This is where he plucked ocean-fresh oysters and mussels from beach rocks and harvested seafood from the Transkeian waters.
“From there it just spiralled out of control,” he says.
Durban-born Bonello says his family moved to Cape Town while he was young – which inevitably made him a Stormers rugby supporter.
He fondly remembers picking strawberries in the countryside and weekends away at the Breede River.
“My sister and I used to come back at the end of the day after eating loads of strawberries. We could never understand how our mom knew we had been eating strawberries. But the dead give-away was the red rings around our mouths.”
Another early food memory concerns the family’s weekends away at the Breede River.
“The Sunday afternoon braai was always rabbit with two-day-old stale rolls. We would toast the rolls and smear them with avocado. And then there was the rabbit. Sadly, this isn’t stocked in many butcheries anymore, but they’re so delicious to eat.”
Bonello became known for the popular travel and cooking show Cooked in Africa, which saw him travel around the country and Africa with friends, preparing various flavour-filled feasts. The show featured on the BBC Lifestyle channel.
More recently, he has presented the cooking competition, The Ultimate Braai Master.
Both shows required him to do a lot of travelling, but Bonello doesn’t mind. He has the travel bug, “bad”.
The inspiration for Cooked in Africa came from what South Africans have been doing for years, he says. That is, “getting away with a group of friends over a weekend, finding some food, cooking together and having a great time”.
He remains “very close” to many of the friends who featured on the show, he says.
“It was at the right time in our lives when we weren’t tied down by nine-to-five office jobs. When you’re talking about an all-expenses paid trip, and the only thing you have to buy is the booze you drink, wouldn’t you go?”
One aspect of the show that worried him was the possibility something could go wrong or someone could be injured on the road, thousands of kilometres away from help.
“That was really the hard-core side of it,” he says. Luckily, nothing of the sort ever happened on their trips.
Of course, Bonello has encountered a lot of memories along the way. He recalls, for instance, the fresh produce he encountered in Nigeria.
“They have coconuts, coriander, chilli – everything you’d find in Thailand. Yet Thailand has a completely different food culture to Nigeria.”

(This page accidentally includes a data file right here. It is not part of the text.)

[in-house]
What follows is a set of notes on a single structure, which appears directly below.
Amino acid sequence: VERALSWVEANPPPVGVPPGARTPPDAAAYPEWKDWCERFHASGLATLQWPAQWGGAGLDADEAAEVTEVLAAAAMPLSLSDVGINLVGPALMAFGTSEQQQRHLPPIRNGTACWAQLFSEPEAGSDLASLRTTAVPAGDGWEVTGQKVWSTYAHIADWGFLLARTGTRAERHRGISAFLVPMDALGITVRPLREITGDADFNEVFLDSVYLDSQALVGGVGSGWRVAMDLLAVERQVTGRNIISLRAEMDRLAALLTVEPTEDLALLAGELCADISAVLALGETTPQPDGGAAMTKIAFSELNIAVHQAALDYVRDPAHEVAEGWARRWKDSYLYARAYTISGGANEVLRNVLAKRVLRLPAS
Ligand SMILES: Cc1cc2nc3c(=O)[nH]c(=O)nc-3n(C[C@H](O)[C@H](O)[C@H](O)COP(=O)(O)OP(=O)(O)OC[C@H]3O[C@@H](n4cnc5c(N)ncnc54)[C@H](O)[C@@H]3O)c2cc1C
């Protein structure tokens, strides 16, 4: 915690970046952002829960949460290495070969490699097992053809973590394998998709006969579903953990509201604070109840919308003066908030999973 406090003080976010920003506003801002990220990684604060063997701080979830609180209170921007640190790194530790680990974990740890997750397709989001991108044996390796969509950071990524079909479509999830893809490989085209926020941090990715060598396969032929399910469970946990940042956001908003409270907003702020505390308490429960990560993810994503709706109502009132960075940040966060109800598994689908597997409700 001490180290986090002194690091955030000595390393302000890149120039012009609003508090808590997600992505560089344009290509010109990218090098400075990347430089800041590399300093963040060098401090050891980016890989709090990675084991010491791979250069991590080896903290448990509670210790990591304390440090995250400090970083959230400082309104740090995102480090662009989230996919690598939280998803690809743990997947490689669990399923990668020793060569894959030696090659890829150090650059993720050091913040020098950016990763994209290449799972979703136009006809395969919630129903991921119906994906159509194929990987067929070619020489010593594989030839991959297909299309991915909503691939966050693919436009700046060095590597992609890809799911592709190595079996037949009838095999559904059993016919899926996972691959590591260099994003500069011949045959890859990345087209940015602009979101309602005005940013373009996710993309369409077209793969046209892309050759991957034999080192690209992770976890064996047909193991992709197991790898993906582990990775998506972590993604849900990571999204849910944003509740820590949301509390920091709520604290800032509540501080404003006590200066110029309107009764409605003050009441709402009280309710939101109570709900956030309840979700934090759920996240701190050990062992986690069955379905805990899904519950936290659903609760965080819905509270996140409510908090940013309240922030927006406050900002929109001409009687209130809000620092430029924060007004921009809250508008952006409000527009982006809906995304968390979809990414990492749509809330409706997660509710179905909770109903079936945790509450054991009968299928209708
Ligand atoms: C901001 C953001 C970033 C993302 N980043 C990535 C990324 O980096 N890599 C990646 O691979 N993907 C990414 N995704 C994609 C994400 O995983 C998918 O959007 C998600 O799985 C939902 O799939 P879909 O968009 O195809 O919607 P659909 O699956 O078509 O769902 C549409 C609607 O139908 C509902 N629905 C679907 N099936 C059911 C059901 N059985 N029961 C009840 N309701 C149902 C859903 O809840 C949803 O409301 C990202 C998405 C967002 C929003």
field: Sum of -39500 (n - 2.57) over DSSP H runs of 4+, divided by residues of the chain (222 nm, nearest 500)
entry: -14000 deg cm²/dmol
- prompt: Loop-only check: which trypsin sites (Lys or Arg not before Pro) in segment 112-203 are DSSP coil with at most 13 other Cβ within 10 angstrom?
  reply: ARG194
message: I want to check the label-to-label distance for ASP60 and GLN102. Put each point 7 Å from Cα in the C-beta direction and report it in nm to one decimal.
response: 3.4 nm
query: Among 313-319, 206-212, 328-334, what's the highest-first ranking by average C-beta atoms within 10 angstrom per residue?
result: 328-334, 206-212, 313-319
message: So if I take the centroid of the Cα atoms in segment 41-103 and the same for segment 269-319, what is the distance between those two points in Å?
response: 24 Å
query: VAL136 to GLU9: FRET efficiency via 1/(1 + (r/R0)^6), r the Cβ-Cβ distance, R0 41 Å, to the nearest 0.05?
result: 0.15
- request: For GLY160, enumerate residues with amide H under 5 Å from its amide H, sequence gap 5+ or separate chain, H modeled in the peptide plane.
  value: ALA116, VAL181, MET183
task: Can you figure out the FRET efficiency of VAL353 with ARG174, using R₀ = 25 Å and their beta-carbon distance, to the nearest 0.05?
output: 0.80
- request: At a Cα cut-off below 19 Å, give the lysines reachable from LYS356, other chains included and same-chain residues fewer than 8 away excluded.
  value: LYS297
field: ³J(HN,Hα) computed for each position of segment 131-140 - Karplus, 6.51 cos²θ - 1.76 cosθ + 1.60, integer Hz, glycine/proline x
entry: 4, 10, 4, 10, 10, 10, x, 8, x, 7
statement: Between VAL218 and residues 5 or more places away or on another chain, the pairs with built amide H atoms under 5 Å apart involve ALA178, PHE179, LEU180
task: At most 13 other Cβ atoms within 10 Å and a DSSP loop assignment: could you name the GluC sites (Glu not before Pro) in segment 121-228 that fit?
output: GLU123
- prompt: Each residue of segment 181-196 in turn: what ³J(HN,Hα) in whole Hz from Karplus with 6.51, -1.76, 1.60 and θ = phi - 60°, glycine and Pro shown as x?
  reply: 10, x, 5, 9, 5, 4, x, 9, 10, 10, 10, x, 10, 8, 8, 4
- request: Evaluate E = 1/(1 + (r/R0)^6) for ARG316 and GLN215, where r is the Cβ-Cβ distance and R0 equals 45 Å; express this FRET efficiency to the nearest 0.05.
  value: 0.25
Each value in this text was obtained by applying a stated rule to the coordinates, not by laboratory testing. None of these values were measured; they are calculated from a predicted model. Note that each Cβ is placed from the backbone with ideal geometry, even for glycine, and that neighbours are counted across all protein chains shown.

His advice to anyone keen on their own culinary adventure?
“South Africans take everything to Mozambique, and miss out on all the local markets, where you get the most amazing food. My advice would be that less is more. The less you take along, the more you open yourself up to the experience of being in a place.”
Braaied Lamb and Tomato Potjie with Gnocchi For the potjie:
2–3 kg free-range Karoo lamb knuckles
Seasoned flour for dusting
1 onion, chopped
3–4 cloves garlic, crushed
2–3 leeks, sliced
2 x 400 g tins good-quality baby tomatoes or whole tomatoes
300–500 ml good organic beef stock
About 1 cup of KWV Merlot
1 small handful of sweet basil – both dried and fresh
1 small handful of dried oregano
salt and pepper to taste
1 kg potatoes
300 g cake flour
3 free-range egg yolks
1 teaspoon of salt
1 punnet fresh vine-ripened cherry tomatoes (still on the vine)
1 generous handful of shaved pecorino or Parmesan cheese
fresh parsley, chopped
First up, and to get that lekker smoky braai flavour, seal the lamb on all sides on a braai grid over hot coals, then once it’s cooled down slightly, toss it in seasoned flour. Heat up a potjie, then caramelise the seasoned lamb in batches and set aside. Add a glug of oil to the potjie then fry the onion, garlic and leeks until soft and fragrant, then return the caramelised lamb.
Scrape some coals to the side to reduce the heat, and while the lamb is gently simmering, add the tins of tomato, beef stock and red wine. Stir in the dried herbs, season to taste and let your potjie slowly whisper for a couple of hours until the meat just about falls off the bone. While the potjie is simmering away, make the potato gnocchi (or if you made it the night before, even better!).
Wrap each potato in tinfoil and then bake them in moderate coals until soft (about 30 minutes). Keep turning them to prevent them from burning. Next, and while they’re still hot, cut the potatoes in half and scoop the insides into a mixing bowl; mash until smooth. Next, stir the flour into the hot mashed potatoes, little bits at a time. (It is essential that the potatoes are still hot, because the heat activates the gluten in the flour.)
Add the egg yolks and the salt. Hold your hand in the shape of a stiff, motionless claw (think Edward Scissor hands style) and mix the flour by taking that claw and jabbing (yes, really) it into the mashed potato and eggs.
What you’re looking for is a workable, pliable dough that almost sticks to your fingers. When the eggs and potatoes are properly combined, roll the dough into sausage-like shapes (about 3 cm in diameter) and double wrap in clingfilm, making sure it’s completely airtight. And yes, should you need to do this, now is a good time to go stick your scorched hand in an ice bucket.
About 40 minutes before your potjie is going to be ready, simmer the ‘sausages’ in water for 15–20 minutes. Put the fresh vine tomatoes over moderate coals until blistered. While the tomatoes are over the coals, shock the gnocchi in ice-cold water to stop the cooking, then remove the wrapping and slice it into bite-sized chunks and arrange them on top of the potjie. Make sure you submerge the pieces so they will soak up some of those lovely juices. Add the blistered fresh tomatoes to the potjie, simmer for 20 minutes more, then remove from the heat.
Serve with a generous handful of shaved Parmesan and chopped fresh parsley.